· From the various accounts in the gospels, it can be observed that James together with other family members did not believe that Jesus was the Jewish people’s long-awaited Messiah. They were present when Jesus was teaching and performing miracles, but they were not convinced that Jesus was the Son of God. James did not accept Him as His personal Savior.
· It must have thrown the family into confusion often. We can speculate that there were many family discussions and disagreements over Jesus during boyhood and adulthood.
· What special encounter with Jesus did James experience?
· 1 Corinthians 15:7
· James’ pilgrimage toward faith could have begun as he watched those unforgettable events in the last week of Jesus’ life. We do not know exactly the details when or how James came to believe in Jesus. Probably he did not come to faith until after Jesus’ death. But by the time the apostles, the women, and Mary gathered in the upper room to wait for the outpouring of the Holy Spirit, James had accepted his brother as his own savior.
· Paul’s comment about the Lord’s brothers taking their wives with them to visit the churches suggests that James was married (1 Corinthians 9:5).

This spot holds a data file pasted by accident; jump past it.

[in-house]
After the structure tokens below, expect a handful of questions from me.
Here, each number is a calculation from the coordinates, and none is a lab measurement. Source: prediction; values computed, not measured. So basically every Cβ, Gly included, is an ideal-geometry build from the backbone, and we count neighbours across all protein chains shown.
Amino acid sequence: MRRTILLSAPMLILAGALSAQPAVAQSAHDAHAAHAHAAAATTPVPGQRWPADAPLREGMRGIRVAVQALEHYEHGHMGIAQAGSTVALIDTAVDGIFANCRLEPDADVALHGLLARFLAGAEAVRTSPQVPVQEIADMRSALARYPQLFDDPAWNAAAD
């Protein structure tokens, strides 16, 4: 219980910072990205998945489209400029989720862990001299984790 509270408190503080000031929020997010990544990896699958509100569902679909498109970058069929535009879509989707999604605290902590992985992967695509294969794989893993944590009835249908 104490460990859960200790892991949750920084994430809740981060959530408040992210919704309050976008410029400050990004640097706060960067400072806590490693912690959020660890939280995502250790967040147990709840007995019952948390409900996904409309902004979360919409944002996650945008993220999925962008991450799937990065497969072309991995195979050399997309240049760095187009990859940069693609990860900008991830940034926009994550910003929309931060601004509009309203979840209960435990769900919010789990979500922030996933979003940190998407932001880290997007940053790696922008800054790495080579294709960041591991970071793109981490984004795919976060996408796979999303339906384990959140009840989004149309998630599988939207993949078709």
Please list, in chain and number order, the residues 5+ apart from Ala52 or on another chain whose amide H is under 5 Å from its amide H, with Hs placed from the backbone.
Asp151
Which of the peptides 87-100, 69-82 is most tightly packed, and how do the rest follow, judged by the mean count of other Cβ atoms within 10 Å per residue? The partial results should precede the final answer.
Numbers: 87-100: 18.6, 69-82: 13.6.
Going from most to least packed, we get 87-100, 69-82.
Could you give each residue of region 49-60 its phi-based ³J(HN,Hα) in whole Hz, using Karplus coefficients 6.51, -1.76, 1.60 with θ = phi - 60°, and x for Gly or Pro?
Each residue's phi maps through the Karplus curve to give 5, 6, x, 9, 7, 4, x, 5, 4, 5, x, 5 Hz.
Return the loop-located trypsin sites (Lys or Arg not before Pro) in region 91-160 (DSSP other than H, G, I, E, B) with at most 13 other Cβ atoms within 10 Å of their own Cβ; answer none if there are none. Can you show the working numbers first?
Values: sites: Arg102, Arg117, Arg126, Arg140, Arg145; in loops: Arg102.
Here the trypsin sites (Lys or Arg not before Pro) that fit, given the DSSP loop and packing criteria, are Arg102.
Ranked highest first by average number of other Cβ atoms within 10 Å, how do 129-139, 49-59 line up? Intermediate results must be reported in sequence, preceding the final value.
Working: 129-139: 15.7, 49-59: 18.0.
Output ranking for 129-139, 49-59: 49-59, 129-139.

· How many of you live in a family who are unbelievers? Share your experience in the way they view your Christian faith?
· What lessons can we learn from the story of Jesus and James in reading our family members into a personal relationship with Christ?
1.2 His Life
· James life begins in relative obscurity. Growing up in the same home as Jesus, following his older brother around Galilee, and even during his leadership of the church in Jerusalem, James remains in the background. Although he becomes a recognized leader, he keeps a low profile.
· Traditional sources such as Eusebius (one of the church fathers who lived from 270 to 340 A.D.) relate that James was appointed as the first bishop of Jerusalem by the Lord Jesus and the apostles.
· He became known as a pillar of the church in Jerusalem, and preside over the Jerusalem council (Acts 15).
· When Peter miraculously release from prison, he instructed John Mark’s household to be sure to report this to James (Acts 12:16-17). Peter understood James’ influential position.
· Paul, the great apostle to the Gentiles, recognized James’ leadership by visiting him and reporting his missionary work among the Gentiles (Acts 21:17-19)
1.3 His Character
· One of the main sources of information on James was Hegesippus, a Christian who lived in Palestine and wrote his Memoirs between 174 and 189 A.D.